What's wrong with Beaver QB Mannion?

The Oregonian

CORVALLIS — Forgive him, but sometimes Oregon State offensive coordinator Danny Langsdorf forgets that quarterback Sean Mannion is just a sophomore.

In the past few weeks, fans have probably forgotten that, too.

When Mannion came back from knee surgery on Oct. 27 against Washington, many of the OSU faithful probably expected the same old Sean, the second-year starter who was spectacular against Arizona and UCLA.

But since Mannion's return, he's thrown nine interceptions and OSU has gone 2-3. He was benched for two games in favor of backup Cody Vaz, but brought back when Vaz hurt his ankle Nov. 10 at Stanford.

In summing up the Beavers' season the past five weeks, fans are probably wondering one thing: What's wrong with Sean Mannion?

The answer, according to Langsdorf, is complicated. There was lots of talk coming into 2012 with some wondering if Mannion would make the typical "sophomore jump" that lots of past quarterbacks have made in Mike Riley's system.

But most of those quarterbacks didn't play as freshmen, like Mannion did in 2011.

"He's played a lot of football, but he's also young," Langsdorf said. "I forget that sometimes, too, because it feels like he's played a lot. And he has, but he's also got a long ways to go."

Before the Washington game, Mannion was on track for a great season, statistically. Since then, though, his passing efficiency has dropped dramatically.

Last season, Mannion completed 305 of 473 passes for 3,328 yards and 16 touchdowns. He also tossed 18 interceptions, finishing with a 127.1 pass efficiency rating, ninth best in the Pac-12.

This season, heading into Saturday's regular-season finale against Nicholls State, Mannion has completed 180 of 286 passes for 2,215 yards and 13 touchdowns. He's thrown 13 interceptions, but he's also only played in eight games.

His efficiency rating is 133.9. (Vaz is at 140.3.)

After a Civil War nightmare that featured four picks, Mannion said he needs to remember that he can't catch up in one play.

"I think I need to keep in mind that while we may be down a score or two, there's no need to force it," he said. "There's no 17-point touchdown pass to be thrown. You have to take it one play at a time."

It's a cliche to be sure, but one that would serve Mannion well.

"At times he's trying to do too much, he's pressing a little," Langsdorf said. "He needs to relax a little bit and not try to do everything by himself. He's got 10 other guys out there with him."

Almost every OSU offensive player has expressed confidence in Mannion. Langsdorf acknowledged that as a coach you worry if turnovers are getting to your quarterback mentally, but he said Mannion's poise is pretty good.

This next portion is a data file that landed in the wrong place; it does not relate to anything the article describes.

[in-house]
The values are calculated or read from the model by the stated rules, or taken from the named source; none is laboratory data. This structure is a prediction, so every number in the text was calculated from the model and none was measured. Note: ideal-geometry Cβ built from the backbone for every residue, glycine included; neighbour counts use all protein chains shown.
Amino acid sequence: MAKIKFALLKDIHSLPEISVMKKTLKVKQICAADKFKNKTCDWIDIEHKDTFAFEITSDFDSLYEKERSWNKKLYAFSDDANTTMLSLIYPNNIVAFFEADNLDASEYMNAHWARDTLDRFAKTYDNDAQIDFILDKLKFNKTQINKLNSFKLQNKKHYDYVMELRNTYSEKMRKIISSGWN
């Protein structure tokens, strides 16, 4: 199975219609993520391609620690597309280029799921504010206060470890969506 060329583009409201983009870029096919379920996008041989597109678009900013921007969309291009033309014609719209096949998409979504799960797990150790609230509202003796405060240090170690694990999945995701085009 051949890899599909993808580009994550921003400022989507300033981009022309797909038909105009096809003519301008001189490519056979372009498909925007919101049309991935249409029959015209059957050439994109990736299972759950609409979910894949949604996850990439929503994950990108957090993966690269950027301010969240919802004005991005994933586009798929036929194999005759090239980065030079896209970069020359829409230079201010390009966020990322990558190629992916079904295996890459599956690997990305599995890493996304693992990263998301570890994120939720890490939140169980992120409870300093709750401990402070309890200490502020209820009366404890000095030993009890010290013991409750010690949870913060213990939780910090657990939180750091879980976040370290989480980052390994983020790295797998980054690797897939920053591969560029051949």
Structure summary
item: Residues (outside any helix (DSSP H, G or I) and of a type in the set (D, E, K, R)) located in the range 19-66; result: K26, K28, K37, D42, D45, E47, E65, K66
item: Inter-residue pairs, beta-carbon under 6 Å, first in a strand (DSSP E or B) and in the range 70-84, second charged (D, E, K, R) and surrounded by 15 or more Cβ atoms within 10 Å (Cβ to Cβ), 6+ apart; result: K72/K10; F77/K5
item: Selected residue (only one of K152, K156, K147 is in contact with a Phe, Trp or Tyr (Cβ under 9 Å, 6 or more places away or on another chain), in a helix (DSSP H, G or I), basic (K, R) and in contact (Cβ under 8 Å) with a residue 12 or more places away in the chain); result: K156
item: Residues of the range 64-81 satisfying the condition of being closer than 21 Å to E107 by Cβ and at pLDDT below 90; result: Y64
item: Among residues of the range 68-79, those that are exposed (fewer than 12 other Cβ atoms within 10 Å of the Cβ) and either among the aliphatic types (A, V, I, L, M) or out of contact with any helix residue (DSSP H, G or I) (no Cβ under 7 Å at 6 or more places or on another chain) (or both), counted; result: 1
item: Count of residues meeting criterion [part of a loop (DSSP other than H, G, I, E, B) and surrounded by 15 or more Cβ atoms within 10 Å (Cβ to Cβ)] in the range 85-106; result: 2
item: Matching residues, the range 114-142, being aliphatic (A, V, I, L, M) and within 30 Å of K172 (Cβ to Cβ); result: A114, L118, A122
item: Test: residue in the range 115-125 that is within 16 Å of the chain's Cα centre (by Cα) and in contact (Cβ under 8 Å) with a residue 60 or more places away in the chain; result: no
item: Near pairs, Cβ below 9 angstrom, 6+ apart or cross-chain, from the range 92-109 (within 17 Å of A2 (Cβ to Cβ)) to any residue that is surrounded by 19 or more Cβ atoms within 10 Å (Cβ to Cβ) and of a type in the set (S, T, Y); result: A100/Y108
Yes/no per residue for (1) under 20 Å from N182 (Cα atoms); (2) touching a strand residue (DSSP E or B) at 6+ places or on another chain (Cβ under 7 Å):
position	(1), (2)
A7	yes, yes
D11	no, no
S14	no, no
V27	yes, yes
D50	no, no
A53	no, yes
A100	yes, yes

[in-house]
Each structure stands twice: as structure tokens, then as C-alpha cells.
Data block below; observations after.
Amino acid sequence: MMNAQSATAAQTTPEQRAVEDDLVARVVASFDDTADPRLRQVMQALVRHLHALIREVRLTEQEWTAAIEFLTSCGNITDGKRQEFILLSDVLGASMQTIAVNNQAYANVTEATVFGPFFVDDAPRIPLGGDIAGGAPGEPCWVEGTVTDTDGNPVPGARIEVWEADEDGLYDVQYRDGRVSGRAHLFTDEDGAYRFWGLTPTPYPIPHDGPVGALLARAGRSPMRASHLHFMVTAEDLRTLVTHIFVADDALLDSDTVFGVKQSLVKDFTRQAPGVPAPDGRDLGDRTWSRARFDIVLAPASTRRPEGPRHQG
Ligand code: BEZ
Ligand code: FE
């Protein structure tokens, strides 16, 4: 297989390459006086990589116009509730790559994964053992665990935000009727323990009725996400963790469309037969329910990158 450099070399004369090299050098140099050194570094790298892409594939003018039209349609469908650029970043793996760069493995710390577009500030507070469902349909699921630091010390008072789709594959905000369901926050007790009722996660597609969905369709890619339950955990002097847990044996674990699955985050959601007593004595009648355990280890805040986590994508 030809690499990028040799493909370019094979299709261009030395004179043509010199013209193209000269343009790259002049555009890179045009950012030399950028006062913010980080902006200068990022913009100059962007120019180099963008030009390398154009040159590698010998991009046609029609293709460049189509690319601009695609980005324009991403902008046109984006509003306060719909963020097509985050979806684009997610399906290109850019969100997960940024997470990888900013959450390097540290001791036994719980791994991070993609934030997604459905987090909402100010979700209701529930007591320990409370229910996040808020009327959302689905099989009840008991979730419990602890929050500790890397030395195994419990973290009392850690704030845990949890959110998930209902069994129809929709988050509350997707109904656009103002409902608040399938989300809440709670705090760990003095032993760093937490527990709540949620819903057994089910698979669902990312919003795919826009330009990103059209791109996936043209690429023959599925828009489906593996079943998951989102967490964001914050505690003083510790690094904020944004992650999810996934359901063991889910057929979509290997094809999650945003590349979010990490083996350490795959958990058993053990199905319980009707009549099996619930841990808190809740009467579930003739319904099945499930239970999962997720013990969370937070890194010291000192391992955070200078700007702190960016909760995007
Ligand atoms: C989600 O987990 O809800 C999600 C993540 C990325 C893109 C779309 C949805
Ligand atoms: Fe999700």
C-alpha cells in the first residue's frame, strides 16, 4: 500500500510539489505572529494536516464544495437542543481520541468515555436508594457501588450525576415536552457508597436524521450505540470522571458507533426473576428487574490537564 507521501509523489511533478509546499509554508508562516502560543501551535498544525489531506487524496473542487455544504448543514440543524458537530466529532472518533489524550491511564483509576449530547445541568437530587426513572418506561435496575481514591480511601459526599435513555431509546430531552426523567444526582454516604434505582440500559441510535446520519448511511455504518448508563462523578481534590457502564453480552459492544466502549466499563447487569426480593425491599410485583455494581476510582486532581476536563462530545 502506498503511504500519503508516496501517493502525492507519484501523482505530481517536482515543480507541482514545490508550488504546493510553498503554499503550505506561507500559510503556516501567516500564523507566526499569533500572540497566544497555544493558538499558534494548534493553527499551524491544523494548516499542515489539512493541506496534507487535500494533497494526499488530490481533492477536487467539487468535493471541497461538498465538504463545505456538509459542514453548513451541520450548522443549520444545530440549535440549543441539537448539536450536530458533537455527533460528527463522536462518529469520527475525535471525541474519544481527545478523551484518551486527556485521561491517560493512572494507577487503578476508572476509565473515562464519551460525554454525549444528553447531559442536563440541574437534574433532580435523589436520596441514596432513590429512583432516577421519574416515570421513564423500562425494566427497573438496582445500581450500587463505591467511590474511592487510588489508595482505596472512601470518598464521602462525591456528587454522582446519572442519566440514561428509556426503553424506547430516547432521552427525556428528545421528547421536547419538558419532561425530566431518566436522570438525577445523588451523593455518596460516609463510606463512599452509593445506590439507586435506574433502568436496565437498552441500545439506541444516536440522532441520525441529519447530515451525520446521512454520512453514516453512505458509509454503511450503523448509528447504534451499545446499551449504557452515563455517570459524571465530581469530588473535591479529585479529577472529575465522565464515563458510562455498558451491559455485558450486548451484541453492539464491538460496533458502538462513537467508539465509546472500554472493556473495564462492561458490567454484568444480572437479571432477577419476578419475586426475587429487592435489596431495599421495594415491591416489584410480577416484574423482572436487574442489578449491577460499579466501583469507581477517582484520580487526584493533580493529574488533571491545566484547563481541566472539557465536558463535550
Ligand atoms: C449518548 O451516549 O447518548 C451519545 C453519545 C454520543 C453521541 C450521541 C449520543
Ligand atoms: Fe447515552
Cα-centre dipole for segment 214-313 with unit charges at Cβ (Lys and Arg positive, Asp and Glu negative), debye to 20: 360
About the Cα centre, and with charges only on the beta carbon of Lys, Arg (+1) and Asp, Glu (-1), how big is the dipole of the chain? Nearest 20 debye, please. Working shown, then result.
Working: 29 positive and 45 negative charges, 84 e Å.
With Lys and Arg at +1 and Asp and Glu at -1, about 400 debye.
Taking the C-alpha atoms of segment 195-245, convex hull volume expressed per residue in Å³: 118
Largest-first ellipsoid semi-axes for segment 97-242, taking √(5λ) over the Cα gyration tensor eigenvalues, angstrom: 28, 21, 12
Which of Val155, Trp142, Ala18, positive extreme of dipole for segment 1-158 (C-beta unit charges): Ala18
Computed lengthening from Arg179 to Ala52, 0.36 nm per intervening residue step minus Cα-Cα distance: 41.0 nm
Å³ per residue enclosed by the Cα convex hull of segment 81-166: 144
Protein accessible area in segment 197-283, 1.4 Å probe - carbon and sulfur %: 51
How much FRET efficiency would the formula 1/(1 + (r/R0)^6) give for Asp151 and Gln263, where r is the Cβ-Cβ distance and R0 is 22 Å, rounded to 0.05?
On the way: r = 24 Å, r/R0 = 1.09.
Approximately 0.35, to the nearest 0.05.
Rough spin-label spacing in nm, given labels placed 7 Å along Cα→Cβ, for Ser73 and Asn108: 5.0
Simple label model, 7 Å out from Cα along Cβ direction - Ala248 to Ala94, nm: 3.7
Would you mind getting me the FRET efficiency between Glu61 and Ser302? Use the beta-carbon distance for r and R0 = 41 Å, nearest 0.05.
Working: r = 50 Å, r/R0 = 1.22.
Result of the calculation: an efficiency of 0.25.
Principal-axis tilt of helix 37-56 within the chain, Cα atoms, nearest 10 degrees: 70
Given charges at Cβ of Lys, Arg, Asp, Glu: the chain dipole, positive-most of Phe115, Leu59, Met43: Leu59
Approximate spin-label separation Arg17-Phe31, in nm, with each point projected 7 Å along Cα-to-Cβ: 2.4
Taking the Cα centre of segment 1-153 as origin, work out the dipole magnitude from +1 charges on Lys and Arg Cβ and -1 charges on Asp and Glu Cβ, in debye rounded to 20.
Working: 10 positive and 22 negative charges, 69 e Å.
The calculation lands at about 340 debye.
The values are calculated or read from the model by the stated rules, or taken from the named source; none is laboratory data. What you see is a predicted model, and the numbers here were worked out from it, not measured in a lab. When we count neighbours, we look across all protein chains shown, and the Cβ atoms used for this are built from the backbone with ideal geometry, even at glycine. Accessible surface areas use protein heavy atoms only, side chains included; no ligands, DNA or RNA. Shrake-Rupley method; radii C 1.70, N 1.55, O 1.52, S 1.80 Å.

"He doesn't get too high or too low," Langsdorf said. "He's often ahead of me in terms of what happened, saying, 'I know I did this' or 'I misread that.' A lot of times, he's got a pretty good handle on what happened."

And in that way, Mannion reminds Langsdorf of another Oregon State quarterback: Former All-Pac-12 player Sean Canfield. Langsdorf and Mannion spend a lot of time talking about Canfield and why he was so efficient in 2009, his senior year. Canfield completed 303 of 446 passes that season for 3,271 yards and 21 touchdowns, throwing just seven interceptions.

"Canfield was effective because he'd push the ball down the field to an open guy and if it wasn't clean, he would dump the ball," Langsdorf said. "He threw 78 balls to Quizz (Jacquizz Rodgers) that year, and a lot of them were checkdowns. Mannion has to get to that point, too."

Continued film study will help. Langsdorf said Mannion must get better at understanding a pre-snap read versus a post-snap read.

"Sometimes he hasn't recognized the rotation of the coverage," Langsdorf said. "And that's given him some problems."

But all the Xs and Os and interceptions aside, Langsdorf and Riley still believe Mannion has the chance to be a superstar.

The guy who led OSU to huge road wins hasn't disappeared. He just needs to take a deep breath.

"We do have a lot of confidence in him," Langsdorf said. "He has to keep learning from those mistakes, cut down on turnovers and he'll be fine."

NOTES: Receiver Brandin Cooks (knee contusion) practiced Thursday, but his status is still up in the air ... Receivers coach Brent Brennan has been named one of three semifinalists for the Football Scoop's wide receiver coach of the year.

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